The importance of traditional and sustainable food has received tremendous attention in recent years due to several reasons including their benefits to health, environment friendly methods of preparation, natural origin, absence of toxic effects, and prospects of commercialization. The exploration of indigenous knowledge systems inherent in cultures and traditions practiced through ages have helped in the conservation of innumerable diversity of both conventional and non-conventional food that have not been fully explored in the context of the Indian subcontinent. India is home to 550 ethnic communities (Schedule Tribes in India, jagranjosh.com) with a major proportion residing in the northeastern part of the country. Traditional brewing and household preparation of fermented food and drinks has been a major source of activity inculcated in their customs and traditions. The diversity of yeasts and other microbes inherent in these traditional brewing methods have been studied only recently, and we could find literature from 1994 onwards. In this review, all bibliographic literature available in PubMed, Web of Science, and Scopus indexed journals were consulted (1994–2020). A good number of research publications on the diversity and identity of yeasts during fermentation have been published since 1990 to date (PubMed 1,008 papers). To get a clear view of the extent of work conducted on the subject, we searched various scientific engines and found that the approximate number of papers published for the last 10 years stands at 1,432, which were retrieved from PubMed using various keywords/phrases [(1) Yeasts in traditional fermentation, (2) Traditional fermentation from northeast India, (3) Yeasts from northeast India, (4) Quorum sensing in yeasts, (5) Quorum sensing in traditional fermented yeasts, (6) Quorum sensing of Saccharomyces and non-Saccharomyces yeasts, (7) Quorum sensing in non-conventional yeasts, etc.], which reflected that the extent of research is not very pronounced. The search query found that the maximum number of documents (1,008) were related to the general term “yeasts in traditional fermentation” where a lot of literature on a global scale was available. This was followed by the term “quorum sensing in yeasts” where an appreciable number of publications (382) could be retrieved and 80% of the publications were related to Candida and Cryptococcus spp. that cause fungal infections in human. We could retrieve only nine publications related to the term “quorum sensing of Saccharomyces and non-Saccharomyces yeasts,” which suggests that the area remains unexplored and very little attention is drawn toward quorum sensing among yeasts and their subsequent impact on fermentation/traditional fermentation, which therefore remains as a major gap. Bibliometric analysis enabled us to understand the global context of the subject, themes that have not been addressed yet and also the major drawbacks of the extent of research impact (Ashraf et al., 2021). The data, when analyzed, showed that the available knowledge on the subject is still limited and the milestones achieved are yet to be acknowledged, which has hindered the prospects of commercialization of ethnic foods on a scientific basis.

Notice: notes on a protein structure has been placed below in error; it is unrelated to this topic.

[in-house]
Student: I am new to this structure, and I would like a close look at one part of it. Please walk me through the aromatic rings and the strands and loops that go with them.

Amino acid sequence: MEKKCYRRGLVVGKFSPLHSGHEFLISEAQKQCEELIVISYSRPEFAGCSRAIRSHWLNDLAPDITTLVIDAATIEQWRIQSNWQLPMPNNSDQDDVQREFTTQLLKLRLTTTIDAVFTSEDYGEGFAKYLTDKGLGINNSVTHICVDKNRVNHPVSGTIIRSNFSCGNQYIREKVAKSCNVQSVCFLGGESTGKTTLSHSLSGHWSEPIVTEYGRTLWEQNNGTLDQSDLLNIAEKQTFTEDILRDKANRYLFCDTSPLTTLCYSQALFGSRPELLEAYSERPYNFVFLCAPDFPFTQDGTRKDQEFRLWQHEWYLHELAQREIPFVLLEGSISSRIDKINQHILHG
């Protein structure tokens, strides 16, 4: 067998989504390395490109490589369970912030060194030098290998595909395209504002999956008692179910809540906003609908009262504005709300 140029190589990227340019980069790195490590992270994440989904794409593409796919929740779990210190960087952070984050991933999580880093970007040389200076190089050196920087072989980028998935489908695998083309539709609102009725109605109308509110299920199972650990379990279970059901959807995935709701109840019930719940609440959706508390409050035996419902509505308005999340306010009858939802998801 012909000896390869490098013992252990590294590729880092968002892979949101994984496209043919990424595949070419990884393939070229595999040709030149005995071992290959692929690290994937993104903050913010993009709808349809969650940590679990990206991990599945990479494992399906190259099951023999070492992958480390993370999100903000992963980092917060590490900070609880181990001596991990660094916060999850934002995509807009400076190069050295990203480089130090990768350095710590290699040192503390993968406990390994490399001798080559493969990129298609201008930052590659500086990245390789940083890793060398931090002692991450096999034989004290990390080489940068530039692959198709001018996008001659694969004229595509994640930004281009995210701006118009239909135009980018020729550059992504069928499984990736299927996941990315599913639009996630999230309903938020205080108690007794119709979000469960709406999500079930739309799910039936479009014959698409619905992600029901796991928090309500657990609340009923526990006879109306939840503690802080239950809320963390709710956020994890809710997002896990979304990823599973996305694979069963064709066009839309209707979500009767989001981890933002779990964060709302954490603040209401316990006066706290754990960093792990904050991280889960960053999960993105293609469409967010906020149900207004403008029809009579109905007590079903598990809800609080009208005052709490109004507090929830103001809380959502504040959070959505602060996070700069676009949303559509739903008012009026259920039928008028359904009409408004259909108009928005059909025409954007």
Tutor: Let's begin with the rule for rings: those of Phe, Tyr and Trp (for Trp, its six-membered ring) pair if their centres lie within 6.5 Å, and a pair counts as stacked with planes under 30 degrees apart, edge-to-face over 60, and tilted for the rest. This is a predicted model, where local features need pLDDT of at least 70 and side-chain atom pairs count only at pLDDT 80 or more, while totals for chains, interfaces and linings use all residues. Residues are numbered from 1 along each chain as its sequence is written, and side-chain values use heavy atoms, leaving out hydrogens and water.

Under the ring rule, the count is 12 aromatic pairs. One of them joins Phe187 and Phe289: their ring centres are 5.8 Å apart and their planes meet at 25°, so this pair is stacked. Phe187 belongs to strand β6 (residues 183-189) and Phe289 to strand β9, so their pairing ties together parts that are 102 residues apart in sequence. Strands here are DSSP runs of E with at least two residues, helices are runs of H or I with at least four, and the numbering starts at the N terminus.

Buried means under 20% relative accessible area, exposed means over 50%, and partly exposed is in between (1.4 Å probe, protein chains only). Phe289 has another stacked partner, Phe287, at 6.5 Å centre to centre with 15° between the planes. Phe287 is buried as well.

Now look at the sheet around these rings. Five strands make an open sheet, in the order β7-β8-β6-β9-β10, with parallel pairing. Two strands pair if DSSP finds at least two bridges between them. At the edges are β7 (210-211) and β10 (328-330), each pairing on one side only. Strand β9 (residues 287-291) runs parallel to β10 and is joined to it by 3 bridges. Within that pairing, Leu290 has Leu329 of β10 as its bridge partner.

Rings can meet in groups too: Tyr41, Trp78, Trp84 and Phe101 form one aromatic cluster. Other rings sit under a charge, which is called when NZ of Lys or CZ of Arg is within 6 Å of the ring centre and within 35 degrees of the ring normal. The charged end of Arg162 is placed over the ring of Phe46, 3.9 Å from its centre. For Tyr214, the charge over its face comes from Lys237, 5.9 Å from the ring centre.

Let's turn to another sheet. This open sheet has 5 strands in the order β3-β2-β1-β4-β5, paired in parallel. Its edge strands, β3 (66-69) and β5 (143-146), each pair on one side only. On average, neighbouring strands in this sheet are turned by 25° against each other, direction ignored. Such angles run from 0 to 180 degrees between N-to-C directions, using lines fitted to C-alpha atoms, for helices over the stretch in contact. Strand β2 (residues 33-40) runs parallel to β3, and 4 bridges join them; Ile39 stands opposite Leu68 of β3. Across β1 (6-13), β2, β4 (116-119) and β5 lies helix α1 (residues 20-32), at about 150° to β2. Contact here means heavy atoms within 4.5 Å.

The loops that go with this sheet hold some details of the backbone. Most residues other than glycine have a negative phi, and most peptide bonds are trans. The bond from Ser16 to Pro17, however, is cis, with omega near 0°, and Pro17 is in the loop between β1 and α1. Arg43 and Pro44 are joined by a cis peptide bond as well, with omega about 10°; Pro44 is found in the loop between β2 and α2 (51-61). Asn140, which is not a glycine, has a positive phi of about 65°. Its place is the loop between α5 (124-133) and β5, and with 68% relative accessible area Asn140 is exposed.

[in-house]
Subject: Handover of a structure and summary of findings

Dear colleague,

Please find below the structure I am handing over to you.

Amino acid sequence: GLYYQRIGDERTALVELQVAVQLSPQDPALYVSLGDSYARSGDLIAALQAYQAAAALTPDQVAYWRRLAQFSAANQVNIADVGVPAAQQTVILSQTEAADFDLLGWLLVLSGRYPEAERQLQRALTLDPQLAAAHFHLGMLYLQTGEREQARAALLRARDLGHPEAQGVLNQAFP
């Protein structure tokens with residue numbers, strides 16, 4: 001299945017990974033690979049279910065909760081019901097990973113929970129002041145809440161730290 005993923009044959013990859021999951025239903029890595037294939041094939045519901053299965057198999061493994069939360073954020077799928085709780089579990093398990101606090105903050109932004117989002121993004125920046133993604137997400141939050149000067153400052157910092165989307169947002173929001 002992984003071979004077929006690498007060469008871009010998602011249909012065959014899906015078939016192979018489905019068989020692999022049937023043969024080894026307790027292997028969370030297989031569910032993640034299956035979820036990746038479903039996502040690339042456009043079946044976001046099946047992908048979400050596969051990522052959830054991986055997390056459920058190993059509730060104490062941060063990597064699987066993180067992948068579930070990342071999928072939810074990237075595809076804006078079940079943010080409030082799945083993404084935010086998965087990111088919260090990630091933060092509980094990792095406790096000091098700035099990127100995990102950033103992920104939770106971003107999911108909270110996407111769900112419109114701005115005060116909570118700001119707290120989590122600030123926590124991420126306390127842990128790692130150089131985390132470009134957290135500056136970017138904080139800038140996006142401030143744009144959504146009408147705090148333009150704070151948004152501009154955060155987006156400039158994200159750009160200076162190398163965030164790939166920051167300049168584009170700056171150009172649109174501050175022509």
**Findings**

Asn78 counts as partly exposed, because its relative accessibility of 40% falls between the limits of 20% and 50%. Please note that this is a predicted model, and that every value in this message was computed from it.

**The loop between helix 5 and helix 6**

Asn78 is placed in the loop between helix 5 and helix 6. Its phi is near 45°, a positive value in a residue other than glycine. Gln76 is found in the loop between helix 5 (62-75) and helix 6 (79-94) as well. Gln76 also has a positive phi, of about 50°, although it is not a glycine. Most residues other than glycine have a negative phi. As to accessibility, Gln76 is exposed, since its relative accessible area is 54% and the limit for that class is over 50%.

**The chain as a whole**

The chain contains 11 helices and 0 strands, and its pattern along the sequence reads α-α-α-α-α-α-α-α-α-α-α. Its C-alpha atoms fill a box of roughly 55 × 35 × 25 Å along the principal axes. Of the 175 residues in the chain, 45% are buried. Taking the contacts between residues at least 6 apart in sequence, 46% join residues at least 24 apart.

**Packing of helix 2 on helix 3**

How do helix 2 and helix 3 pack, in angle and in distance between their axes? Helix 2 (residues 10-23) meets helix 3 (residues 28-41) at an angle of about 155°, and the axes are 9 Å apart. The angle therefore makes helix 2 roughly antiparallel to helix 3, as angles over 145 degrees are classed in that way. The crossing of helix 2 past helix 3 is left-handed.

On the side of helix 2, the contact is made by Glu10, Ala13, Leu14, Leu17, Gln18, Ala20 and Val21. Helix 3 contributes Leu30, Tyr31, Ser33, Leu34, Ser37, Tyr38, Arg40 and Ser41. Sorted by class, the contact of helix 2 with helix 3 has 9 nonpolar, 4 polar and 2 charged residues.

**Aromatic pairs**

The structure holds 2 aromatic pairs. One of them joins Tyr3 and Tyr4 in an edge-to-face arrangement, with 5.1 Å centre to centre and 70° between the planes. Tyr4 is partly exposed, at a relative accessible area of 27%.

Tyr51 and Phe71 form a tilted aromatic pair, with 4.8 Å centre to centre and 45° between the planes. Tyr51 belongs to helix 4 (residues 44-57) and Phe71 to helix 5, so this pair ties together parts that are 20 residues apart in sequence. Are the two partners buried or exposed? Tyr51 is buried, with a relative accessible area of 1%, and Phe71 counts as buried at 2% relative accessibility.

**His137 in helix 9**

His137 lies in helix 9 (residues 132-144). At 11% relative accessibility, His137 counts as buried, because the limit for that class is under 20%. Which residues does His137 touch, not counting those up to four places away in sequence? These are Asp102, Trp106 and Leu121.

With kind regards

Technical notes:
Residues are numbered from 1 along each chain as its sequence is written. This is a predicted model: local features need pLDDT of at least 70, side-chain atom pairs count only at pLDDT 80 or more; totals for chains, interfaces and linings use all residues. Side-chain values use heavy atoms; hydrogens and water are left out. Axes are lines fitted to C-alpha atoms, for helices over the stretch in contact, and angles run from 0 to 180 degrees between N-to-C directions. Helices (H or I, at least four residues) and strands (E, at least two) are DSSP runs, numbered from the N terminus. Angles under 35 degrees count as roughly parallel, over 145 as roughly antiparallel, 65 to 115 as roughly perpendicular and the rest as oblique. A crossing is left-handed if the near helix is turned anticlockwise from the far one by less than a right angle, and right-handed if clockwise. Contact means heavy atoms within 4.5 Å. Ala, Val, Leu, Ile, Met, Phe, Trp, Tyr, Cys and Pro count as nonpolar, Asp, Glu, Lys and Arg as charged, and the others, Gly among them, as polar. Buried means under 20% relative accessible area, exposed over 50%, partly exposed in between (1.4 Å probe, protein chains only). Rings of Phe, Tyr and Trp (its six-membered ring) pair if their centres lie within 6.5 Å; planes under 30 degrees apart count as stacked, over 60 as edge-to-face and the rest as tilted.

Diversity of Yeasts in Starter Cultures of Northeast India
The northeastern part of India includes a biogeographic realm with a characteristic biome and encompasses unique features in terms of rich biodiversity and multiple ethnicities of its people. The indigenous communities follow their own practice of household traditional fermentation. Each community harbors unique distribution of yeast species, which have been perpetuated throughout generations (Buragohain et al., 2013; Tiwari et al., 2014; Parasar et al., 2017) and this has resulted in the variety of alcoholic beverages assorted and produced by the communities through traditional fermentation practice. In household fermentation practiced by the communities of northeast India, solid-state starter cultures in the form of “flat cakes” or “spherical balls” are prepared from starchy substances such as rice, millets, maize, or wheat that are powdered and mixed with microbial inoculum (Nath et al., 2020a). These “cakes” supplement carbon constituents for the growth of yeasts that initiate fermentation. In the Rabha community, fermentative starter cake (known as bakhaor) is prepared in the form of “flat globules” by mixing soaked rice granules (Oryza sativa L., land variety sali and ahu) with considerable amount of old starter cakes (containing fermentation yeasts) and various plant condiments (Deka and Sarma, 2010). In order to prepare a consumable beverage, rice is tightly cooked and air cooled over bamboo mats, which act as substrate for rice beer. Starter cake is powdered (inoculum) and mixed with boiled rice. Later, this mixture is placed inside earthen pots while a special cylindrical structure made of bamboo (janthi) is placed inside and the mouth of the pots are tightly closed with banana leaves. After a few days (4–5 days in summer, 7–8 days in winter), fermented rice beer accumulates inside the janthi. This beer is further fermented using water and starter cakes, followed by distillation using series of earthen or metallic pots. Finally, a strong, consumable fermented beverage is produced (Deka and Sarma, 2010).